The pain clinic’s doctors had made a nightmarish discovery. After receiving a recall notice from the Center for Disease Control and the Michigan Department of Community Health, they realized that their own back pain injections – made in the same New England Compounding Center as the contaminated drugs killing people in Tennessee – were among the batches being recalled for containing a deadly mold.
Over the space of just two months, they had injected more than 800 patients with the now-recalled medications, according to the clinic’s website.
“Uh oh,” Dr. Vandenberg thought. Still, at most, he expected maybe 20, 30 people would come into the emergency room at St. Joseph’s with headaches, sensitivity to light, and other symptoms of fungal meningitis.
This is not the last time in this story that Dr. Vandenberg would be wrong.
“So what happened? Three hundred patients came in,” says Dr. Vandenberg. “That was the craziest time, because we were running out of space. Our ER was running out of space. It was like a bus accident. You’re not usually ready for that kind of thing.”
But at least with a bus accident, doctors know what to do.
With this strain of fungal meningitis, no one had ever seen it in people before. This fungus was only supposed to attack plants. Now it had been injected deep into people’s bodies.
The only tool St. Joseph’s had, the anti-fungal medicines, are toxic. Side effects can be lethal.
For patients like Dirk Thomspon, a 57-year-old from Howell and the owner of a small business specializing in stained-glass, the meds caused temporary paralysis and days of hallucinations.
“Then the doctor came in and said, ‘Look, you have a choice of trying this again, or not trying it and you have a chance that you won’t survive this because the fungus will overtake your spinal column.’ And I can remember saying to her, ’What the hell kind of choice is that?’”
It was a crummy choice. But it was the only one available at the time.
Thankfully, after several weeks, patients began responding positively to the medication. Gradually, more and more people were able to go home while they underwent further treatment.
And doctors at St. Joseph’s started to think, maybe they were getting out of the woods.
But then, inexplicably, patients started coming back. At first, it was just a few in the ER complaining that they were experiencing intense pain right at the site of their steroid injections – the lower spine area.
Scans showed abscesses along the spine. Think of abscesses as small balloons of infection, some the size of a quarter, that if left untreated, could lead to meningitis.
What’s worse, the abscesses were popping up in people who had tested negative for fungal meningitis-related illnesses until now.
For Dr. Vandenberg, this was hitting rock bottom.
“It was overwhelming. I’ll tell ya, I felt, and most of my colleagues felt, that most of these patients were going to die. When I was calling them, I felt like I was telling them they had cancer.”
The clock was ticking. Doctors believed if they didn’t catch the abscesses quickly, it would be too late for most treatments.
But now St. Joseph’s faced a completely new crisis: how do you contact, bring in, and scan 800 people who may or may not have this infection?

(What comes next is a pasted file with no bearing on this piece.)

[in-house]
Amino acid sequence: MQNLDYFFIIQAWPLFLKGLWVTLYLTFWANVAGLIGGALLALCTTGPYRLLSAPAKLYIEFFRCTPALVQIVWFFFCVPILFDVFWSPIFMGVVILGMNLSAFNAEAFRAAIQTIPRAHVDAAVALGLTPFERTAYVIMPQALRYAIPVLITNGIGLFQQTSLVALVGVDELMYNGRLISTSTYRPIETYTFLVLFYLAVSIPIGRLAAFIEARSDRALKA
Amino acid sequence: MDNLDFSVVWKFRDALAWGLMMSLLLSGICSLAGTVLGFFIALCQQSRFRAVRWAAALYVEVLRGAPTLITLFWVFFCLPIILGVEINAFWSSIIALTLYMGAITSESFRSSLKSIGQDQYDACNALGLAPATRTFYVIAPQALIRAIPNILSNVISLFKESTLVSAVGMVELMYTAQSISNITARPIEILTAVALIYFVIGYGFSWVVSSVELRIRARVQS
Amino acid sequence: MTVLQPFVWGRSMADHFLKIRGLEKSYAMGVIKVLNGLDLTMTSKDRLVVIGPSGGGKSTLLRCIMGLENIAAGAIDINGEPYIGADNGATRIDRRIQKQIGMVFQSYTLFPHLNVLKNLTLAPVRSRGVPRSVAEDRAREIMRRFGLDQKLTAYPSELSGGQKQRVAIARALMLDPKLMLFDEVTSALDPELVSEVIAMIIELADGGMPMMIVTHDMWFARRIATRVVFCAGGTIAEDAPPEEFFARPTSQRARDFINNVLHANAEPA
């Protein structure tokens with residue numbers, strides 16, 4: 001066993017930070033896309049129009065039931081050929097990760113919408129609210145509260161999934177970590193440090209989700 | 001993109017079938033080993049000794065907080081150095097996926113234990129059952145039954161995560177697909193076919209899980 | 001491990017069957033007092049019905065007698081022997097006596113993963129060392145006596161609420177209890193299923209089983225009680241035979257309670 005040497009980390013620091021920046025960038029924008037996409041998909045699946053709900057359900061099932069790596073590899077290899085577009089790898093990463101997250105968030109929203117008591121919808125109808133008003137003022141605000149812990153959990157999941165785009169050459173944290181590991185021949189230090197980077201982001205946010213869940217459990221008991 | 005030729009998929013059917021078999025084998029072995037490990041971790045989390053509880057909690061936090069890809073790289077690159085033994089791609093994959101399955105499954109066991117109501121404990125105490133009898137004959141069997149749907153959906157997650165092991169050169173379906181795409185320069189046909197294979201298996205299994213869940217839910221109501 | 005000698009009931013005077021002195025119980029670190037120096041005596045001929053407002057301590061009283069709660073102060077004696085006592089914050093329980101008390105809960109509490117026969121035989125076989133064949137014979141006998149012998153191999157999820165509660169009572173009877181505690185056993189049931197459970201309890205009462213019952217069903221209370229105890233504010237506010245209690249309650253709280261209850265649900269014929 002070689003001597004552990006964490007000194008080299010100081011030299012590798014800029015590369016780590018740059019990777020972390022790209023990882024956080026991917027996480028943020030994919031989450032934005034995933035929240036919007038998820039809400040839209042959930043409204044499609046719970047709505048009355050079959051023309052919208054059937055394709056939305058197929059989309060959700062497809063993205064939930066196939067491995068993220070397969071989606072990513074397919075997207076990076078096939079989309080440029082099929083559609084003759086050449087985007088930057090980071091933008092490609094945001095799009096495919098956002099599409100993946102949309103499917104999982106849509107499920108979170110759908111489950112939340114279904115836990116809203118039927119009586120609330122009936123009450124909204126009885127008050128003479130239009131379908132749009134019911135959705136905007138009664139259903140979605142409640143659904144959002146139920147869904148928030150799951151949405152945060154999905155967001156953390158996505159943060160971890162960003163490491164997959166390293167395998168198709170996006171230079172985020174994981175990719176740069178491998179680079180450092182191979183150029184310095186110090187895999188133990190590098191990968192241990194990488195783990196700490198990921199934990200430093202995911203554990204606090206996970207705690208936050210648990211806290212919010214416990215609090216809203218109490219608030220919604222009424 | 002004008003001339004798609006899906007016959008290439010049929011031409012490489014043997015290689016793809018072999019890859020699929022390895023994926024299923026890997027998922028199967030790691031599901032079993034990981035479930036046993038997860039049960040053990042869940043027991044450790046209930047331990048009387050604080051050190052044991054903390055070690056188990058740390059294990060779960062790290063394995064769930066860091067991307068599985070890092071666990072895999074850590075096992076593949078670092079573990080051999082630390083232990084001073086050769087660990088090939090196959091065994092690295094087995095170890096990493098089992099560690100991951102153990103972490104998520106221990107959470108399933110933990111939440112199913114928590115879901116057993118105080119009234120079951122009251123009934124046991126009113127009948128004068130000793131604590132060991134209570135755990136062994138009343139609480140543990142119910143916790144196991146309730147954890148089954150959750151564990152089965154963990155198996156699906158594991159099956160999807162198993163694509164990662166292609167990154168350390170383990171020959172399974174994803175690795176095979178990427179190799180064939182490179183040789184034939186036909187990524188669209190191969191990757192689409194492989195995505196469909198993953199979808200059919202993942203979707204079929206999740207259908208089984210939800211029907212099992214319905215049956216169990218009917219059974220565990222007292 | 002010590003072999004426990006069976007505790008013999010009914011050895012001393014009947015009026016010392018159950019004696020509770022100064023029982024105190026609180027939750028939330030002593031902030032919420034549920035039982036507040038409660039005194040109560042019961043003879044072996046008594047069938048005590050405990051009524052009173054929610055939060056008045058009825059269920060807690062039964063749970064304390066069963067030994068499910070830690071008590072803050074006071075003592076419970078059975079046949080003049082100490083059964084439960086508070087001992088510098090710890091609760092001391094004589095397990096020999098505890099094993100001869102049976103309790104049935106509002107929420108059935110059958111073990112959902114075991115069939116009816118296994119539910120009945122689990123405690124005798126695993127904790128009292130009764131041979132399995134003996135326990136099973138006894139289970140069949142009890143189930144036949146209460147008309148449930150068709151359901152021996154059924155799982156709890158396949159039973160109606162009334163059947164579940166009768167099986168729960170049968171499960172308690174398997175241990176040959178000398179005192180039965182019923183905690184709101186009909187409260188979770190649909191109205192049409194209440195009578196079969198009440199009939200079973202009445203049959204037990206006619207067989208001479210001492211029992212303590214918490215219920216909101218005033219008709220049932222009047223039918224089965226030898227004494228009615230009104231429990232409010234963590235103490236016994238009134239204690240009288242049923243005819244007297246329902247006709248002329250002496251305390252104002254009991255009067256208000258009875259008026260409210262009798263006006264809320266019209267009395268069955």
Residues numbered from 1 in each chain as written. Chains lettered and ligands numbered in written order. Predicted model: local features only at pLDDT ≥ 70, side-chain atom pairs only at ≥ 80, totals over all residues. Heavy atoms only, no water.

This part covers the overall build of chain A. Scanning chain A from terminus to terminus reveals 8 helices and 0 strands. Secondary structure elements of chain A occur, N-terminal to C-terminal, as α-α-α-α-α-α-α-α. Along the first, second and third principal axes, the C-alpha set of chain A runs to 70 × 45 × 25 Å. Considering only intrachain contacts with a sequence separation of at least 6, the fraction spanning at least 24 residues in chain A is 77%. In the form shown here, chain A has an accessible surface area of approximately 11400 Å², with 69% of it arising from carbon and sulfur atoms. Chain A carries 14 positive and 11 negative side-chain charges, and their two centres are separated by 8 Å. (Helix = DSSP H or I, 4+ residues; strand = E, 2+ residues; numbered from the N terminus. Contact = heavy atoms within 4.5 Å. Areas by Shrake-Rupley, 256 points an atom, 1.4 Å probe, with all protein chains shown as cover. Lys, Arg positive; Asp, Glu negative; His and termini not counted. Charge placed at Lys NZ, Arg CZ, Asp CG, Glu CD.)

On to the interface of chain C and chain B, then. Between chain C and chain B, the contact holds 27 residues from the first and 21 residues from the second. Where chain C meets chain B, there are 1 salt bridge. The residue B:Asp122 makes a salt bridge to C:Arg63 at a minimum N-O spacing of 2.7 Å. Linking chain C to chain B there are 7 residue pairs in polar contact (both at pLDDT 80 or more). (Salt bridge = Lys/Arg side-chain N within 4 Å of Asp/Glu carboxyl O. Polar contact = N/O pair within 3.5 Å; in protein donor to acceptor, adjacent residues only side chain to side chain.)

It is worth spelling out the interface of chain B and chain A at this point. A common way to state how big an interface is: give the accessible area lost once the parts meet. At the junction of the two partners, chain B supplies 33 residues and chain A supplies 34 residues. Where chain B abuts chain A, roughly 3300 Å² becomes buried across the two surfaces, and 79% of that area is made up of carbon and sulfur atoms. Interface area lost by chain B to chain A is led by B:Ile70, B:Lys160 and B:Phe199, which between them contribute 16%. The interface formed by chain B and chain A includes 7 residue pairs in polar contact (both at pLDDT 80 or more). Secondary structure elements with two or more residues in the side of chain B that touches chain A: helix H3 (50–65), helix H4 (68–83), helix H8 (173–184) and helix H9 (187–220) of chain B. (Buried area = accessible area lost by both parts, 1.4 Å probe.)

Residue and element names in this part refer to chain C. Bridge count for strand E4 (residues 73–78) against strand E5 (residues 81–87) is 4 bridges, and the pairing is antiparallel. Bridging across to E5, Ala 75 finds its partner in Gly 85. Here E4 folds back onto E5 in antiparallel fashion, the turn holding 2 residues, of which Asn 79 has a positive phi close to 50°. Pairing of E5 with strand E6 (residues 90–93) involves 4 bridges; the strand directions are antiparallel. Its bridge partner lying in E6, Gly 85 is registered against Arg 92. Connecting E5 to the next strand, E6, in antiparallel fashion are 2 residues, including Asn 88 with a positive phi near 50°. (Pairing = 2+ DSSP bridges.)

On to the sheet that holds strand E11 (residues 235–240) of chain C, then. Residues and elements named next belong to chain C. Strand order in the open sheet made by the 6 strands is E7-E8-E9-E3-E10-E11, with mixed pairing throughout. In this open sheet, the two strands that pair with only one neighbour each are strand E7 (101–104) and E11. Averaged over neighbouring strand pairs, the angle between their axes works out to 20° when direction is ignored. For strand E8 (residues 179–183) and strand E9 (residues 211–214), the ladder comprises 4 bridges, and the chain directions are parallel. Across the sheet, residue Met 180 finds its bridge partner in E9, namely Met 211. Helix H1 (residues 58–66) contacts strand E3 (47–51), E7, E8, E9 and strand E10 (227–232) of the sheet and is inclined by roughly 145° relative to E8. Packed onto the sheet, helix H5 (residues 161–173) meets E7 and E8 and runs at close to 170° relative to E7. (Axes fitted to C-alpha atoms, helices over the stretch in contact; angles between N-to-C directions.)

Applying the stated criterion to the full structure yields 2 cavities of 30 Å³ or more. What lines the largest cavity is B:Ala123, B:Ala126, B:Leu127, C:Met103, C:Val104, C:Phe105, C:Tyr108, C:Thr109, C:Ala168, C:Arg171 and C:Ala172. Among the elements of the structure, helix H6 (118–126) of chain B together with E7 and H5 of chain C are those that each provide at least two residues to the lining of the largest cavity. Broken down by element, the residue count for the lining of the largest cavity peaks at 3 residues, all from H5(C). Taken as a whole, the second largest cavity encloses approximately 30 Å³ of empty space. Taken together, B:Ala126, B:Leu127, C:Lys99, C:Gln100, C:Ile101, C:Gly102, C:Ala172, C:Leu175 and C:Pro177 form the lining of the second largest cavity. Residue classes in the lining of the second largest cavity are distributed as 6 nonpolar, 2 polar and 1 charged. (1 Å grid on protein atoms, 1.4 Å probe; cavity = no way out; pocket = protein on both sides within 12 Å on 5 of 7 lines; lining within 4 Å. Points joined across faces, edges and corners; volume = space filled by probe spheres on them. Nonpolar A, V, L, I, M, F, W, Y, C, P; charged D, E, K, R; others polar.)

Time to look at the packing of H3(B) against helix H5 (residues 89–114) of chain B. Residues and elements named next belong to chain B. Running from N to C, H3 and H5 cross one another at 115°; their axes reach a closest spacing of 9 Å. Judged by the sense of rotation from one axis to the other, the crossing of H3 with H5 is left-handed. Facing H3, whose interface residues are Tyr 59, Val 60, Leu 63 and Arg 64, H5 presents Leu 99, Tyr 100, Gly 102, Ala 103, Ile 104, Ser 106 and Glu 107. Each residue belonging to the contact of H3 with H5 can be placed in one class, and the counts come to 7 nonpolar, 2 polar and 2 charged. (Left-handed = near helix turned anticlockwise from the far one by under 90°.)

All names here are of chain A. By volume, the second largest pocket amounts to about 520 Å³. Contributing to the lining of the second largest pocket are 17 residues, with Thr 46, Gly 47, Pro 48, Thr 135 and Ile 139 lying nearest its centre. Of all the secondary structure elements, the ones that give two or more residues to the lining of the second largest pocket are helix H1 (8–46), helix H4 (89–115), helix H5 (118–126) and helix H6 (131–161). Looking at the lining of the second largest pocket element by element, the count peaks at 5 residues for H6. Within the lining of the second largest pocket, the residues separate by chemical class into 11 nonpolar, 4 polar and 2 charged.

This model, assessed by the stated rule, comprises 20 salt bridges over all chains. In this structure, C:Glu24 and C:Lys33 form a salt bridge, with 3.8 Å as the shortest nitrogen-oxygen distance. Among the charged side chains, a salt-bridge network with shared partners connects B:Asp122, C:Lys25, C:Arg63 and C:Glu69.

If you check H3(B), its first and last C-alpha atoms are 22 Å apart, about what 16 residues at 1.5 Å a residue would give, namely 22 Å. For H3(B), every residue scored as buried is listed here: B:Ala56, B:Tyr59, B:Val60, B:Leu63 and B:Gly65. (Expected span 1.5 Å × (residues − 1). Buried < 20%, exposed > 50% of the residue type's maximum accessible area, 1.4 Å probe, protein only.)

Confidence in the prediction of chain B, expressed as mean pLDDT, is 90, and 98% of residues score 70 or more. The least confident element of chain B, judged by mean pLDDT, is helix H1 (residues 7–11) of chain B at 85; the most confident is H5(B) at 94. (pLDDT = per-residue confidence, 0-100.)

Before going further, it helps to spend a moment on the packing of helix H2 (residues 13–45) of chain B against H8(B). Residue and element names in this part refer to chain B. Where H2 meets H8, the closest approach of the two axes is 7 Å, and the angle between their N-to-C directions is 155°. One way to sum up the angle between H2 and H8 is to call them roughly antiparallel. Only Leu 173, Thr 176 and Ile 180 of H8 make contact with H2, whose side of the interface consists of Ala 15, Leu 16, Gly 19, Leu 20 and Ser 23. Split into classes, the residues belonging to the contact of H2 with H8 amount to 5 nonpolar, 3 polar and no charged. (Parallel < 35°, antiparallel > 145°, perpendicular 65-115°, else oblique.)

It’s kind of like standing on a beach, trying to find very tiny explosive devices in the sand, and all you’ve got is one of those metal detector wands.
Or in this case, MRI machines. Even as the Center for Disease Control “raised their eyebrows,” as Dr. Vandenberg recalls, St. Joseph’s was about to do something no other hospital had ever tried.
They were going to scan hundreds and hundreds of people, 24 hours a day, in a hospital already overflowing.
Even Dr. Vandenberg admits this was a little crazy.
“You’ve got to remember, there were 14,000 patients exposed [nationwide]. Doing 14,000 MRIs is not a small undertaking. Doing the 600 or 400 that we did is a gigantic undertaking. It doesn’t seem like it would be that much, but you have to understand, we were at 97% capacity.”
They flew nurses in from a sister hospital in Ohio just to help with the overload.
They drove a trailer into the hospital parking lot and decked it out with even more MRI machines.
In a month, St. Joseph’s doctors scanned 400 people. The results were dramatic: 140 patients had abscesses. Several more were inconclusive – maybe an abscess had formed, or maybe it was just an abnormality on the scan.
Either way, this was so beyond what anyone expected, the Center for Disease Control issued a national advisory recommending hospitals test as many patients as possible for abscesses.
Dr. Tom Chiller is the fungal disease expert at the CDC.
“It just has led them to be, probably because of the sheer number of their patients, one of the leaders in helping us handle this difficult disease,” Chiller said.
“THIS HAS CLEARLY SAVED LIVES.”
Today, St. Joseph’s is down to just around 20 inpatients in their brand-new fungal meningitis unit. They’re still sorting through literal piles of new test results, and everyday Dr. Vandenberg has to call someone and say, “I’m sorry, but we found an abscess in your scan.”
The difference is now he knows this disease can be defeated if you get to it in time. Ask him if he feels like his team has saved lives, and he says he’s sure of it.
“Giving them an opportunity to come in and get tested early? Absolutely. Because clearly patients who didn’t get treated early for this when they had meningitis, that’s where the majority of deaths came, “ Vandenberg said. “Surely others died after, you know, getting appropriate treatment. But the majority of deaths early on were due to lack of treatment, because we didn’t know what we were treating. This effort has clearly saved lives. ”
But for families who lost someone, or patients still grappling with this disease, the story doesn’t end here.
Like Anita Baxter, who lost her mother, what they want now is justice. Anita says she has joined a class action lawsuit against the New England Compounding Center, but frankly, she says, she just wants to see someone go to jail.
“I don’t even care about the lawsuit. These people, they killed people. They’re murderers. They need to go to prison, not lose their money,” Baxter said.
In part two of this series, we’re going to get answers about who’s really responsible for this deadly outbreak, and whether Michigan’s pain treatment industry shares in that blame.
We’ll also hear from doctors, patients, pharmacists and lawmakers about how we can stop this kind of epidemic from happening again.
You can read that story Friday, January 25th, or catch it on Michigan Radio’s Morning Edition.